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Re-Thinking Healthcare Advertising Offers

By Stewart Gandolf, Chief Executive Officer

Black and white image of little boy wearing a hat shouting in a megaphoneThe New Normal for Medical and Hospital Marketing in Tough Economic Times

Don't dismiss offer-driven media options automatically. The nation's economic headwinds have produced new, value-sensitive consumer buying patterns and an opportunity to re-consider the way things work in society's "New Normal."

The terms "advertising offer" and "healthcare marketing" sometimes seem like misfits. To many, the stereotypical image of "an offer" related to professional services seems somehow less than professional.

And in old-school terms, you'd be right. Offers are not suitable for everyone, and they're not appropriate for many medical products or services. But before you dismiss this topic out of hand, in the right situations, there are ways to construct compelling offers that are highly professional.

For some products and services, offers are a good fit and they work. In fact we're seeing an up-tick in response to offer-driven media, so it's worth it to think creatively and consider using what works. What's more, the marketing landscape has changed.

Don't lower price; increase value.

By definition, remember that an offer is about presenting value. (An offer does not mean a discount.) The greatest value and compelling benefit of an offer—to you and the prospective buyer—is in presenting a bite-sized introduction to your practice or service gateway.

It is the offer that lowers barriers, motivates someone to reach out to you and to become acquainted. It is an easy way for a prospective patient to take a low-risk first step.

What's the right offer for you? Give us a call if you're having trouble with this one—it can be a real challenge to answer, and the offer can make or break the marketing effort.

And why are well-considered offers enjoying something of a revival? Actually, there are a number of valid reasons to re-think offers in healthcare advertising. It has a lot to do with the national economy.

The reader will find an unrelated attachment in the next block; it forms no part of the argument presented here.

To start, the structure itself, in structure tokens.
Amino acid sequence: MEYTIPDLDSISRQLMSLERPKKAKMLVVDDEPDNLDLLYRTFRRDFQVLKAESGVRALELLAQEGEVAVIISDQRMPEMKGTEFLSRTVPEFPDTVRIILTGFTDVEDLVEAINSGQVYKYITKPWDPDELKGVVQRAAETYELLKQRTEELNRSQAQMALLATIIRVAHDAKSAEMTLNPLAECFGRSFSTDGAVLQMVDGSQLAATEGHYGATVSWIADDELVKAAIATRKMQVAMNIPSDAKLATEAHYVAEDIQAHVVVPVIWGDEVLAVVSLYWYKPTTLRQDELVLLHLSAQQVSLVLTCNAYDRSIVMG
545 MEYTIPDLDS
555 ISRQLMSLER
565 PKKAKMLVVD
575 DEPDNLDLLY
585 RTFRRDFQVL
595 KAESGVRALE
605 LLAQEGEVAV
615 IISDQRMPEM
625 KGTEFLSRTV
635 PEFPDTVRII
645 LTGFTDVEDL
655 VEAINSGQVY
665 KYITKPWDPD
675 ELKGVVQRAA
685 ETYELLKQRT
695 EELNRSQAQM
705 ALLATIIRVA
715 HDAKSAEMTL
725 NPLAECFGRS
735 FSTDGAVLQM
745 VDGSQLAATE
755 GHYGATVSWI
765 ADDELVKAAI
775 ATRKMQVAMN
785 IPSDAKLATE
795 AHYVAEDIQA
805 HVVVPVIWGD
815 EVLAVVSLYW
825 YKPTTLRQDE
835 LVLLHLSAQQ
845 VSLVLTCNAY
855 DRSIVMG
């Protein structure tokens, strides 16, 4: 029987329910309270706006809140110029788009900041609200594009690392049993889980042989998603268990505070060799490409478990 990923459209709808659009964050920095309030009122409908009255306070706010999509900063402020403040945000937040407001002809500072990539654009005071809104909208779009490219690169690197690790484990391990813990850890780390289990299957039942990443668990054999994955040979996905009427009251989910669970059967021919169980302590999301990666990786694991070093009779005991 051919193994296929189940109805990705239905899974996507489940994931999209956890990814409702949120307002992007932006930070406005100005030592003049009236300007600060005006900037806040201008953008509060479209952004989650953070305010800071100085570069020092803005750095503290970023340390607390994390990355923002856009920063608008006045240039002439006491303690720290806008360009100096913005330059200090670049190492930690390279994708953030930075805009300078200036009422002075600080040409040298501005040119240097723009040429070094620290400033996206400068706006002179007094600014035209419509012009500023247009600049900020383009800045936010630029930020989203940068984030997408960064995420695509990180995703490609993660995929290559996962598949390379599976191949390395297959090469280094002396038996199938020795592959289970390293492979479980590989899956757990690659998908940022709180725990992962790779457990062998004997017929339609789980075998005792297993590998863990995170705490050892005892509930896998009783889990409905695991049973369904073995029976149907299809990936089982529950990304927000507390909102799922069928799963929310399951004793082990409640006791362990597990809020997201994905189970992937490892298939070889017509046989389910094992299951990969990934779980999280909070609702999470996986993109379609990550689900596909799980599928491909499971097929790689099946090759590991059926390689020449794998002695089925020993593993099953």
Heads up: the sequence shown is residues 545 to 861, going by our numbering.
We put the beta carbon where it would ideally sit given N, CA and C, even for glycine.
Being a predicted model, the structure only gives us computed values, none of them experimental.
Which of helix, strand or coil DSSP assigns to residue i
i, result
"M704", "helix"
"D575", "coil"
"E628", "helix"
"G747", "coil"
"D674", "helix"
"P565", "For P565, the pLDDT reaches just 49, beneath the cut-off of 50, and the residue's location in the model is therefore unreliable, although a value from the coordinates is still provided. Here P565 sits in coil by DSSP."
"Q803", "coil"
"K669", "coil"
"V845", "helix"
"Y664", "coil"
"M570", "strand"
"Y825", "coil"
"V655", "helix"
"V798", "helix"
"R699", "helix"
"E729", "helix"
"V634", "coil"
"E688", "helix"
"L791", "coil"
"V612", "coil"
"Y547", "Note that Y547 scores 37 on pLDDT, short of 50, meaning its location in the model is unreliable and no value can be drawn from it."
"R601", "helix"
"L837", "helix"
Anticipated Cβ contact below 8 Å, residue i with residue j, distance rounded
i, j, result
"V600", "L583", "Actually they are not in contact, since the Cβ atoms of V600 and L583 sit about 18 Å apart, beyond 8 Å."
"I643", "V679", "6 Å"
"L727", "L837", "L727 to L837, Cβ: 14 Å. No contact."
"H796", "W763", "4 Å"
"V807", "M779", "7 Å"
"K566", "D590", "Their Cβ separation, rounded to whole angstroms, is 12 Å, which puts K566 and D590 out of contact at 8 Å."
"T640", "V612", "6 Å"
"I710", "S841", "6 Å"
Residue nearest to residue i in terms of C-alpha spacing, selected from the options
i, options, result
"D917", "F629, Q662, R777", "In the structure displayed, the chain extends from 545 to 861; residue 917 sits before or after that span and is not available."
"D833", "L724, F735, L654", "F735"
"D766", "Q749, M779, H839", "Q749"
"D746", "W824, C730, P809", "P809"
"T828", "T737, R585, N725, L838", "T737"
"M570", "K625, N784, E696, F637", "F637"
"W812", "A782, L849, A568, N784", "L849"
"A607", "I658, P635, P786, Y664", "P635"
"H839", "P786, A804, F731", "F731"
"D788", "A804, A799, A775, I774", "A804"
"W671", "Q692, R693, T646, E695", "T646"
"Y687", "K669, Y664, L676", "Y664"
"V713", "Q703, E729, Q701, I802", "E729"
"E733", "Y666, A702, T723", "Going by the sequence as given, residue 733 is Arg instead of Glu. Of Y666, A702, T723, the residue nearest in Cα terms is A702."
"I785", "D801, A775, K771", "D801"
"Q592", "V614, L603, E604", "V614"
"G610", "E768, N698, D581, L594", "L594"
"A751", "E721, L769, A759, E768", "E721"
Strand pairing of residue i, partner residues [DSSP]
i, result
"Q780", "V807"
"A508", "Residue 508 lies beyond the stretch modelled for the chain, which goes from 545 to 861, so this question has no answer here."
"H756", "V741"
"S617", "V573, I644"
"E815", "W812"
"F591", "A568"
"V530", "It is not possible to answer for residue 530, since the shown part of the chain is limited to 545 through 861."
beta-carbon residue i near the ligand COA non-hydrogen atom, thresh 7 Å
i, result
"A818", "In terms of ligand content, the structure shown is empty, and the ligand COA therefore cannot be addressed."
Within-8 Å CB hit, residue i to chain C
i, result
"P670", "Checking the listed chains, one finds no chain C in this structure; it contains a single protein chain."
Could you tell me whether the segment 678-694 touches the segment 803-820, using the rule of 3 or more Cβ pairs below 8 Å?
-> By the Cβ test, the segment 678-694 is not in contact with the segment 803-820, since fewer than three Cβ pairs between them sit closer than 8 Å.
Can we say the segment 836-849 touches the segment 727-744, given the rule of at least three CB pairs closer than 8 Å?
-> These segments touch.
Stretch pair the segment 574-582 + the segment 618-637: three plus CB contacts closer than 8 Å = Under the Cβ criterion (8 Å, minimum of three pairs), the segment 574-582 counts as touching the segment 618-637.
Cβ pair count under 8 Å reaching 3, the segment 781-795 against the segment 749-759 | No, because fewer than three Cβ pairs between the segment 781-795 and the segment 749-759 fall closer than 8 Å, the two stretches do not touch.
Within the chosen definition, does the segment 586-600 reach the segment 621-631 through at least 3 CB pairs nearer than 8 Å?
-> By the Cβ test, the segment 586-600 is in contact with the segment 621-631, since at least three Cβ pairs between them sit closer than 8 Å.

So many of marketing's fundamental ground rules have changed—or are changing—in healthcare that we've labeled this dynamic "the New Normal." It means: The time-honored assumptions and consumer behaviors of the past have changed. The principle agent of change has been the long period of tough economic times, and marketing professionals, providers and organizations need to adjust accordingly.

We see examples of the New Normal daily in our work with healthcare organizations of all types and throughout the nation. New rules are at work in marketing for hospitals, individual and group practices, medical providers and pharmaceutical organizations of every stripe.

Why the concept of advertising offers is worth re-thinking.

No matter where you are in the healthcare spectrum, you can probably relate to New Normal indicators such as:

  • "Purchase decisions" are made more slowly (if at all). Prospective patients, patients, buyers or consumers rarely act quickly in the New Normal for elective or other medical care. The cost of medical services or products is a primary concern in seeing a healthcare provider. And spending decisions are approached cautiously, and may be delayed, perhaps indefinitely.
  • Value is of greater importance. Consumers have higher expectations about getting the greatest value in exchange for the expense. Even with medical services (unless the need is truly urgent), they are likely to "comparison shop" for the best cost-benefit ratio.
  • Socioeconomic distinctions are softer. Cost sensitivity and cautious buying are now typical of nearly all income brackets. In the New Normal, upper-middle and even moderately wealthy consumers have joined lower-middle and middle-income groups in being price and value minded.

These and other shifts in consumer attitudes and buying habits are likely to be permanent changes in American society. These new standards apply across the board and it's now socially acceptable for people to be vigilant about spending and demanding of value.

Offers deliver a strong payback.

Although offer-driven advertising isn't right for every healthcare marketing and advertising situation, it is worth re-examining as a possible strategy where it may have been rejected or neglected previously.

When it's a good fit, the right offer generates new business. And because the "purchase decision" has been carefully considered, the new buyer is likely to become a champion, refer others to the value they've discovered, and be the source of repeat business.

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